Reality Check: Seven Hidden Truths About 3D Printing

By on February 23rd, 2024 in Ideas, news

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There are many surprises in the world of 3D printing [Source: Fabbaloo / D3]

Having used many types of 3D printers for so many years, I’ve heard all the hype. But what are the hidden truths?

We’ve all seen the glossy brochures and fabulous web pages glorifying the latest 3D printers and their amazing technologies. They are indeed amazing. Massive progress has been made over the past decade, and there’s never been more powerful 3D printers available at incredible price points.

But there’s a hidden downside that is almost never described. Let’s take a look at some issues that may surprise new 3D printer operators.

There’s a Right Tool for the Job, Except When There Isn’t

The public’s notion of 3D printers are that they are some type of magic replicator that can reproduce any given object. The truth, however, is that all machines use different processes that are most appropriate for certain kinds of objects. The rule of thumb is to choose the right tool for the job. But in some cases there is no tool, because the nature of the object and required material simply cannot be 3D printed.

At least, not yet.

That Material Isn’t Available

When producing prototypes and certainly end-use products, specific materials are required for environmental, regulatory, or functional purposes. That material had better be available for use on a 3D printer, or you can’t produce your item. “ABS-like” material is not ABS. You may have to compromise your engineering decision in order to print an object.

My Machine Broke, Again

3D printers are still not as reliable as most appliances. Paper printers are quite reliable, and the public has come to expect that level of reliability with their 3D printer. Except that these machines still break frequently. Sure, they break less than they used to, but virtually every machine will require fixing sooner or later. It’s always best to ensure your supplier can provide spare parts.

My Machine Is Obsolete Already!

An effect that is happening in recent years is a rapid take-off of technology. Features and pricing are incredibly advanced and the pace of change is changing quickly. In other words, that machine you acquired five years ago is now basically worthless. The machine you buy today might be worthless in a year or two.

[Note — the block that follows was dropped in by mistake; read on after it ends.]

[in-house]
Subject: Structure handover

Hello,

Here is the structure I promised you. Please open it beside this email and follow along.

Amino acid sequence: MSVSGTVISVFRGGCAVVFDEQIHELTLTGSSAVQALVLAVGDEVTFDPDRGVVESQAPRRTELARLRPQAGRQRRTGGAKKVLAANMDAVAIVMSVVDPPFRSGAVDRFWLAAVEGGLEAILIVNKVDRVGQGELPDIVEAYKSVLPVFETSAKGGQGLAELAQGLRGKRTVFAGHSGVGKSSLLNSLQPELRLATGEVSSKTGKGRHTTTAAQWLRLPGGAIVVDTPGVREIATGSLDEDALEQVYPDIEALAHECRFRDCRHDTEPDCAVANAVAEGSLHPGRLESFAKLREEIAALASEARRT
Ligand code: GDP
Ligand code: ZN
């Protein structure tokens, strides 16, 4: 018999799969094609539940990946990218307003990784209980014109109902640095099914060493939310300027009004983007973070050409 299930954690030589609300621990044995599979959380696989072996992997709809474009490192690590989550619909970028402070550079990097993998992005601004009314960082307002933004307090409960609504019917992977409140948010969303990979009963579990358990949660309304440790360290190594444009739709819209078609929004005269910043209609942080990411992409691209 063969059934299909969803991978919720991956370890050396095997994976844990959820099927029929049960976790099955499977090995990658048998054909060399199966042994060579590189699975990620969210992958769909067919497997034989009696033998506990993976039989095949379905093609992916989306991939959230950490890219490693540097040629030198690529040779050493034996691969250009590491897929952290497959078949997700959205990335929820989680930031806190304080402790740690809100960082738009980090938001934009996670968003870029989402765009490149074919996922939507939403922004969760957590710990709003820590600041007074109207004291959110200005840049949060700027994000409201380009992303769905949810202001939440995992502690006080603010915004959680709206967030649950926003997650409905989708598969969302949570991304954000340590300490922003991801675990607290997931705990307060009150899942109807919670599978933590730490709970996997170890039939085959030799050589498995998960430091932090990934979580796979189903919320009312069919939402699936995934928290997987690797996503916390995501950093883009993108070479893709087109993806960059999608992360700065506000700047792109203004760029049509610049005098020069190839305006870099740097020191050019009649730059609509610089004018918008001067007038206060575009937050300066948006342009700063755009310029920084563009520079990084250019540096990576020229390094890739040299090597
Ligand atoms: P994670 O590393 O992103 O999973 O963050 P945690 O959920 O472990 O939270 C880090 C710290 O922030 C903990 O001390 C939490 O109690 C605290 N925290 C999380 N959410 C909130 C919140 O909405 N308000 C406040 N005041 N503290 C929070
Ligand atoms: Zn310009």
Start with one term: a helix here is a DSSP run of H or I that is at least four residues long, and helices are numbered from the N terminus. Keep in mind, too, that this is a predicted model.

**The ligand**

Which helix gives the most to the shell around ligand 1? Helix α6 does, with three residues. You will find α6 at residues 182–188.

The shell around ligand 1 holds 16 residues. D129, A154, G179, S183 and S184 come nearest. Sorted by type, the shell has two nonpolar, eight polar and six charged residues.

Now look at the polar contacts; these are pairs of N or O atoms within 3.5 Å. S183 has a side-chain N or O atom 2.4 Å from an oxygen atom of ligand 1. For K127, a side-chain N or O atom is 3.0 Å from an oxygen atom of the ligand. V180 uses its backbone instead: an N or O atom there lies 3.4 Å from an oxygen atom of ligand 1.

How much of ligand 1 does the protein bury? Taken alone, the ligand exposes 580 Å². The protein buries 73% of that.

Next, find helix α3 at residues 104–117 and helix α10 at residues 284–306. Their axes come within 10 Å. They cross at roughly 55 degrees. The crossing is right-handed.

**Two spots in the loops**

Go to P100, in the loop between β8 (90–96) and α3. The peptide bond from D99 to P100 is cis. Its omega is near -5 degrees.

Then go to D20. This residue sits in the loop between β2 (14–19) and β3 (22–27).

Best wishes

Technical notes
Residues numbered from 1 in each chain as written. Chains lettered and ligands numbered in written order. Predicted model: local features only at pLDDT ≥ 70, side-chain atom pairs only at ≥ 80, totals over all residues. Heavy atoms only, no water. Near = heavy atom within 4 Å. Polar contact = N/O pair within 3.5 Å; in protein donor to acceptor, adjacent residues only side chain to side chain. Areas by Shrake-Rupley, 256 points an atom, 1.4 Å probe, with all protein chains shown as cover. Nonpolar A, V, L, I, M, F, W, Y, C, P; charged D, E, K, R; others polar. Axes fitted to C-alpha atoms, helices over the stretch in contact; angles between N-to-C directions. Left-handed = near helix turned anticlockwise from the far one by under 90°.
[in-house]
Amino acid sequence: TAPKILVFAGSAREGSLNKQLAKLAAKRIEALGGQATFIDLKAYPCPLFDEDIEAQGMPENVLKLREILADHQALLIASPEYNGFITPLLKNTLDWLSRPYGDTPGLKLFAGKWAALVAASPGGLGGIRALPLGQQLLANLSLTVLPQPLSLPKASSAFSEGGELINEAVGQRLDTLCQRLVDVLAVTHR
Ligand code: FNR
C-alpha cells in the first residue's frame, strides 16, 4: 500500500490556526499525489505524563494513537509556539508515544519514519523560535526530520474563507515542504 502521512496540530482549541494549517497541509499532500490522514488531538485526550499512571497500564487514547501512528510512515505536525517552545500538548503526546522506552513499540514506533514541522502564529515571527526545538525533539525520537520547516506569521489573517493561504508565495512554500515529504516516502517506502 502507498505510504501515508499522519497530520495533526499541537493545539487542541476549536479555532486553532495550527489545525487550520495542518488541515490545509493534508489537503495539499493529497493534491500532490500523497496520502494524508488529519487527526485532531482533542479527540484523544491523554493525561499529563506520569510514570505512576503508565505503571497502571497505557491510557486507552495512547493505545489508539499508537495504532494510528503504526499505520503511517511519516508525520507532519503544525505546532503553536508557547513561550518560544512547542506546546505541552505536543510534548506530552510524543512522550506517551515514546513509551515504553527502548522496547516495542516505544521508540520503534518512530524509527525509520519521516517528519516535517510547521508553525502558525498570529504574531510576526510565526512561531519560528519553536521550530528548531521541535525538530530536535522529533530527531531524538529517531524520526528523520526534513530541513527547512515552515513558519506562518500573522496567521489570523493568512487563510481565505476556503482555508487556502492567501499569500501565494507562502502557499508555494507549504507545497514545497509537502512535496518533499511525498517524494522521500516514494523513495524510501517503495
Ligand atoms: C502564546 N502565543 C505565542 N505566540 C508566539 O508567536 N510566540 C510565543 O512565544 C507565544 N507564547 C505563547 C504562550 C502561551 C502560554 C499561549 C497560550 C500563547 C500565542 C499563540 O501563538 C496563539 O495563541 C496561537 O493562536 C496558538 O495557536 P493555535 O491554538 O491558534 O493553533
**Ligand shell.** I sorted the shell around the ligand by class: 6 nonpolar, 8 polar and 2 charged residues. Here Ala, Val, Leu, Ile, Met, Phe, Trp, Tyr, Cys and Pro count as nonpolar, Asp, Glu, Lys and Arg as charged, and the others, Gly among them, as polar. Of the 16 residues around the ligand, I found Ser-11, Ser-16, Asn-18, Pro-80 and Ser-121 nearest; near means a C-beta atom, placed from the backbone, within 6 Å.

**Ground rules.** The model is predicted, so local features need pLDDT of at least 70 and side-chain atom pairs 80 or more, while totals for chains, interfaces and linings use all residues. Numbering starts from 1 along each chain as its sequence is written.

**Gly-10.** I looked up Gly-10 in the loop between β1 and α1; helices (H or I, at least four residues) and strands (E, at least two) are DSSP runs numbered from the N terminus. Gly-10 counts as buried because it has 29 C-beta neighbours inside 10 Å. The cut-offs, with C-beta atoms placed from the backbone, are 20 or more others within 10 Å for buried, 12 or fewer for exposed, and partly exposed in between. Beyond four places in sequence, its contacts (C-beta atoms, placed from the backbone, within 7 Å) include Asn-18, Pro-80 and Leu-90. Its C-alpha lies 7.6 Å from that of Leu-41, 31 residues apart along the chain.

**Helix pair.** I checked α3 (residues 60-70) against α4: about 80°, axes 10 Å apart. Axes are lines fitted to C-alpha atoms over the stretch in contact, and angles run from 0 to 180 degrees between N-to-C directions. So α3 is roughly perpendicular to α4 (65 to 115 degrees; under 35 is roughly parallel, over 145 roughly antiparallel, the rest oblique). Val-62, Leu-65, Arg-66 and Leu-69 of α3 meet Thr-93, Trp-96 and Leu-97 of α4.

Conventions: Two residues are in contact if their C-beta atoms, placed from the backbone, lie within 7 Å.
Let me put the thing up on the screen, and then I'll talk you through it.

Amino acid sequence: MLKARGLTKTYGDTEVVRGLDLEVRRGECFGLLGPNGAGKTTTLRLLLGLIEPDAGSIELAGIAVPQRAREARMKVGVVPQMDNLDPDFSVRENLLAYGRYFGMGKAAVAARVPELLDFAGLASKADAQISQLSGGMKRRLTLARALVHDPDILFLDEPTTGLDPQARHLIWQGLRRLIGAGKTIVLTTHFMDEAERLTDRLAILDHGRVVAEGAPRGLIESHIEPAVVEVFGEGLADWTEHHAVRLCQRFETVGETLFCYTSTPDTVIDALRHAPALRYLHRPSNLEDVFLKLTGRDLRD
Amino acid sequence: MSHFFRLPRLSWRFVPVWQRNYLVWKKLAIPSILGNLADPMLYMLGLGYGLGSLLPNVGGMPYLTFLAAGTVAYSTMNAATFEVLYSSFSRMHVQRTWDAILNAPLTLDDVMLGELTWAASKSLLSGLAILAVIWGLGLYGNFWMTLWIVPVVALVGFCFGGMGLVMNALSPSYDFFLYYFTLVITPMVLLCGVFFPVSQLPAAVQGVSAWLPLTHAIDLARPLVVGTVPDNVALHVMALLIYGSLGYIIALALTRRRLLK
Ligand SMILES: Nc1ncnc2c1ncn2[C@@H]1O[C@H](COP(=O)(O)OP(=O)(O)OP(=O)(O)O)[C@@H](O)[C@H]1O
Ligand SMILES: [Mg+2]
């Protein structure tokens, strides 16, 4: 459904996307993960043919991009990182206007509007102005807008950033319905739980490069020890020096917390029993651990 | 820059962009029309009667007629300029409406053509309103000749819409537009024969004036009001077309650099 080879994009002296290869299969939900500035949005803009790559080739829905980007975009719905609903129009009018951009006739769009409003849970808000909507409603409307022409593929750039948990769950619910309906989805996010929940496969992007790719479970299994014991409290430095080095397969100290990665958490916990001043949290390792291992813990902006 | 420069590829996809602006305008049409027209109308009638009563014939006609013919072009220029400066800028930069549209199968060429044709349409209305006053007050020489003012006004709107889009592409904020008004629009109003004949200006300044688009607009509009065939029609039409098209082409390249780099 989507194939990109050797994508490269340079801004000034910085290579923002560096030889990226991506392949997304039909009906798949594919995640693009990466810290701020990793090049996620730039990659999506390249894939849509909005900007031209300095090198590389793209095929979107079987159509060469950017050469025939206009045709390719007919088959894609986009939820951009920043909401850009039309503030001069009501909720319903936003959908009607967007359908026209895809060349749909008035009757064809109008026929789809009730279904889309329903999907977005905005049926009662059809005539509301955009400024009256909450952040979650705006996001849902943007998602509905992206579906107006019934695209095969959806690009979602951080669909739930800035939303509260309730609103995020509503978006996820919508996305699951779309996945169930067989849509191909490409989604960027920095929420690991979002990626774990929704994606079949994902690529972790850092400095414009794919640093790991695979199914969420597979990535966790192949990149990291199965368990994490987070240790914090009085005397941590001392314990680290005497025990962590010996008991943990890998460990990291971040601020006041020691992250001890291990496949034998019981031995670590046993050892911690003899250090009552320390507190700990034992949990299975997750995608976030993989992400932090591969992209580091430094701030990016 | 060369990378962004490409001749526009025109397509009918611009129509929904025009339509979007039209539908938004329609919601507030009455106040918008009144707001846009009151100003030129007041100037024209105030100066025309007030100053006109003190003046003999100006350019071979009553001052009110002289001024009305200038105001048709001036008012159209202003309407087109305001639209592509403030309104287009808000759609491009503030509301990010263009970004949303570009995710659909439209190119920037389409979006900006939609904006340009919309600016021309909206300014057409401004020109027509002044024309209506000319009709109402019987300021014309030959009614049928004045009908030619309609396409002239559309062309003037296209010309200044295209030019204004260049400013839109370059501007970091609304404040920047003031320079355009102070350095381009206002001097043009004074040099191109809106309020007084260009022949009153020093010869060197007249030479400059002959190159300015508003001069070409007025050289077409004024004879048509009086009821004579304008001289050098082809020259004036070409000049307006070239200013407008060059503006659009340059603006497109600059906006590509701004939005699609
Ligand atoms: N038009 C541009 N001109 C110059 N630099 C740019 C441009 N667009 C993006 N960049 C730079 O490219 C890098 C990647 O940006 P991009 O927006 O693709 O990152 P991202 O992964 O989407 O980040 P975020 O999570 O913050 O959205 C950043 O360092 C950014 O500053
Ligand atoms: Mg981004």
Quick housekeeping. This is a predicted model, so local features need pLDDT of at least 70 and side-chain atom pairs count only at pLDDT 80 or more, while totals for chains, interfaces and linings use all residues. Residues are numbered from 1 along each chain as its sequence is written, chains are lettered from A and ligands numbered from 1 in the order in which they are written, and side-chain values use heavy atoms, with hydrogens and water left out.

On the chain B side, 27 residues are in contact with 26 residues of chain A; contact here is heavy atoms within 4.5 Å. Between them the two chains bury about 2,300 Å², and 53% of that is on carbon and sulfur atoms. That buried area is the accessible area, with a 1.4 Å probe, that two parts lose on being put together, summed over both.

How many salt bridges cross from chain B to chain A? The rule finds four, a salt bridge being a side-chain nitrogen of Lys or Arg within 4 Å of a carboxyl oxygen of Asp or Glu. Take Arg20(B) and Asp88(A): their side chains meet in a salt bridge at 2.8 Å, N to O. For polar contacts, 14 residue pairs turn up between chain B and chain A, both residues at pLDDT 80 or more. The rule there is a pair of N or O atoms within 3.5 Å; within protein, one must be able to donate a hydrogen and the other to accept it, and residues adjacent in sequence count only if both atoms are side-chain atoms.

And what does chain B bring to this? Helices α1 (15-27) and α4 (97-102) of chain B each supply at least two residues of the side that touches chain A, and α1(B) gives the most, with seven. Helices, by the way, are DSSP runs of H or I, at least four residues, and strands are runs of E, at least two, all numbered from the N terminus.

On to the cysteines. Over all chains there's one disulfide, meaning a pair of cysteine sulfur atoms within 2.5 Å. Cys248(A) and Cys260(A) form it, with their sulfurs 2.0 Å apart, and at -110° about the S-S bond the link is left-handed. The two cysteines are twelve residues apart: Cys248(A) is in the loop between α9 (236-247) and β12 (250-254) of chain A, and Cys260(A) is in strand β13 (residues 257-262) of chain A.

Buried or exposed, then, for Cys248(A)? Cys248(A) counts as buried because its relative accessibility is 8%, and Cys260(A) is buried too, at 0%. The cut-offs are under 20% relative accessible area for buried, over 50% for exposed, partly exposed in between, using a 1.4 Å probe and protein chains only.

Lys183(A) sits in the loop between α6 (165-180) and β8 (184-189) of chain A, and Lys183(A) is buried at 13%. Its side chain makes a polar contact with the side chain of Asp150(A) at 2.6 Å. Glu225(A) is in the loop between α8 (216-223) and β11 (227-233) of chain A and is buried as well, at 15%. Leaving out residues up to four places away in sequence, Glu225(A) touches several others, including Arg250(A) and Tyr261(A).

There’s a Lot More Work Than I Thought

Making a 3D printed object is pretty easy: hit the print button and wait. Hold on, there’s more to do, sometimes a lot more: you must post process your print. The type of post processing varies depending on the type of 3D printer used, but all of it takes time, tools and patience. Even if a 3D printer is very fast, you may still have to spend a ton of time cleaning up the print afterwards. Print speed isn’t everything.

That Material is Toxic

Most resin 3D printers are typically unsafe because they use toxic resin that could be exposed to the operator. It is possible to use them safely if one takes a number of precautions, including use of PPE, however, I fear many people don’t. It’s troublesome and tedious to use these machines safely, even though they can produce outstanding print quality.

I Have To Learn CAD?

Printing objects is easy, but where is the content to be printed? 3D models may be found online in a number of increasingly complex online repositories, but most often you cannot find exactly what you want, or you are baffled by poor search capabilities. Eventually you will realize that you will have to learn a CAD software tool in order to design your own parts. This is quite challenging (and sometimes expensive), and some people are just not up for the task for a variety of reasons.

Those are seven hidden truths of 3D printing. Did I miss any?

By Kerry Stevenson

Kerry Stevenson, aka "General Fabb" has written over 8,000 stories on 3D printing at Fabbaloo since he launched the venture in 2007, with an intention to promote and grow the incredible technology of 3D printing across the world. So far, it seems to be working!

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